Hi everyone! I'm hoping that a clever, experienced real estate investor can help me. Maybe I'm just terrible at mathematics (likely ), but I'm struggling to figure out how to calculate ROI from a house purchased via my HELOC.
The numbers I'm giving below are just examples.
Let's say that I find a rental property which costs $50,000. Let's also assume that this would be the total cost of purchase, repair, etc.
Guesstimating with the 1% rule, let's suppose that this property can reliably provide $500/month rent. And for the sake of conservatism, let's guesstimate that the total expenses of the property (maintenance, water utility, property tax, insurance, management, and vacancy) will equal 50% of the monthly rent, or $250/month in expenses.
So, thus far, we would be earning $250/month, or $3,000/year. If we were to pay the $50,000 cost in cash, then our return would be 6%.
This cash-on-cash return is easy to determine, BUT...
Let's say I have a HELOC on my own house, and my mortgage is completely paid off. For ease of calculation, let's say my HELOC can go up to $100,000 so we can more than pay the $50,000 needed for the property.
However, my HELOC is a little weird. Unlike some HELOCs which have interest-only periods, my HELOC requires a minimum monthly payment of 1.5% of the loan. The variable interest rate on the loan is currently 4.5%.
So, if I were to draw 50,000 from the HELOC to pay for this rental property, my minimum payment for the first month would be $750, of which about $188 would be interest, and the remaining $562 would go towards the principal. Each month, these costs will be a little different, obviously, because the minimum payment will recalculate lower each month as the principal is paid down. (After 60-something months, for example, our minimum monthly payment will be only $384-ish on the remaining $25,360-ish balance.)
But obviously we already have a problem from the beginning.
Monthly rent: 500
- Monthly expenses: 250
- First Month Financing expenses: 750 (188 interest, 562 principal)
Net cash flow for the first month: -500
Unless I am just being a total idiot, this doesn't look good to me at first glance. At the beginning of this loan, anyway, I'm having to pay the $500 remaining principal out of my own pocket. So it is basically the equivalent of paying cash for the property (similar to a down payment, I suppose, which doesn't seem bad when you look at it that way).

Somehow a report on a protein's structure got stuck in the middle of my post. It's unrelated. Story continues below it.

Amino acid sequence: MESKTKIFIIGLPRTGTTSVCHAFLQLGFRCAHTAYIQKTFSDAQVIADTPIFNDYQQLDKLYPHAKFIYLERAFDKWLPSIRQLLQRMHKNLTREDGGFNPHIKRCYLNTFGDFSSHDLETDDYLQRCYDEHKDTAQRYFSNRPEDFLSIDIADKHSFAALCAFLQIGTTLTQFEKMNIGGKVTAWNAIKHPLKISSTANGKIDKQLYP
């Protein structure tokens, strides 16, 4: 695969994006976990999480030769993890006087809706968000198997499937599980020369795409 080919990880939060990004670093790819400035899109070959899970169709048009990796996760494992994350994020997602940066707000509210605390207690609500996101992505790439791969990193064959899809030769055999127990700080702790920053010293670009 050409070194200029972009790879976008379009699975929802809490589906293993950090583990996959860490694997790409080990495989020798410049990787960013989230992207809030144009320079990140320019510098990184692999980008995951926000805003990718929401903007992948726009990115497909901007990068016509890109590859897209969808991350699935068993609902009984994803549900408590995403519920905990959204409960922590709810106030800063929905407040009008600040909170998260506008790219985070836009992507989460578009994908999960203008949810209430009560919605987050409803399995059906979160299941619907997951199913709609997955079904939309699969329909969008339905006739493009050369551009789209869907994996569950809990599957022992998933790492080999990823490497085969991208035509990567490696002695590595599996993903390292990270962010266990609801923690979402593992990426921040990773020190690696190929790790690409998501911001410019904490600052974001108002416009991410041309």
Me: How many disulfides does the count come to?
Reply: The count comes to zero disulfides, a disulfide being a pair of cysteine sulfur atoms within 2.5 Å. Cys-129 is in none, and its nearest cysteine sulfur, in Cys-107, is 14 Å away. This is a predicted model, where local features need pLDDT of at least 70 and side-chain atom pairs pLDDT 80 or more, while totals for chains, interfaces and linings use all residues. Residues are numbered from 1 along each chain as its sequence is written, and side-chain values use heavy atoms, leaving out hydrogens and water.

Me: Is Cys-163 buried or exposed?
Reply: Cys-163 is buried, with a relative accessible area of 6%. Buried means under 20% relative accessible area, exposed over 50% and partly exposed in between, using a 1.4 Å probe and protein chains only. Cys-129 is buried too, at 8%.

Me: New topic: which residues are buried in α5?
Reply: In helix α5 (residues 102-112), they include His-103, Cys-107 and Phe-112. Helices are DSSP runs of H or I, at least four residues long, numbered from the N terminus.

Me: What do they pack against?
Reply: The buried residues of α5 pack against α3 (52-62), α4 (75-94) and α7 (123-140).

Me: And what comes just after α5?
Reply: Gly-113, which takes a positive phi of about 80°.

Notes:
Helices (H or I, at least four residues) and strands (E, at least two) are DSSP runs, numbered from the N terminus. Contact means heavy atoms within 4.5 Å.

But it will take a long while for this property to "break even": only when the balance of the loan falls to about 16,600 does the 250 rent income after expenses cover it fully. By that point, I will have paid $33,400 out of pocket (technically a little less, maybe 25k, since the rent would start to cover more of it eventually?), unless I'm mistaken... Then we wait a while longer for the remaining 16,600 to be paid off by the renters. Eventually, once the house has been paid off completely, the 250 after expenses goes to my pocket. That would be $3000/year, and I guess that would mean my annual return would be 8.9% at this point (3000/33400 = .089 = 8.9%).
While that 8.9% sounds all fine and whatnot, and suggests that using the HELOC in this way is eventually a better return than paying the entire 50,000 in cash, I'm really struggling to grasp whether this is a correct way of thinking about things.
After all, if I were to pay 50,000 in cash now, I would start getting the 6% return right away. But with the HELOC I essentially get zero return (or negative return, I guess?) for years before finally getting an 8.9% return. Or am I thinking about this incorrectly? Because the principal is still getting paid down, should I consider that my "return"? I have no idea. Sorry for being so bad at basic math.
Additionally, is there is a better way to use this HELOC to buy rental property? What would be the best method, assuming that I am looking at 50,000 properties which could generate 500 gross rent, or 250 after expenses? Should I use my 1.5% minimum payment HELOC towards this investment at all? Please help if you can, because my brain is threatening to give up now.
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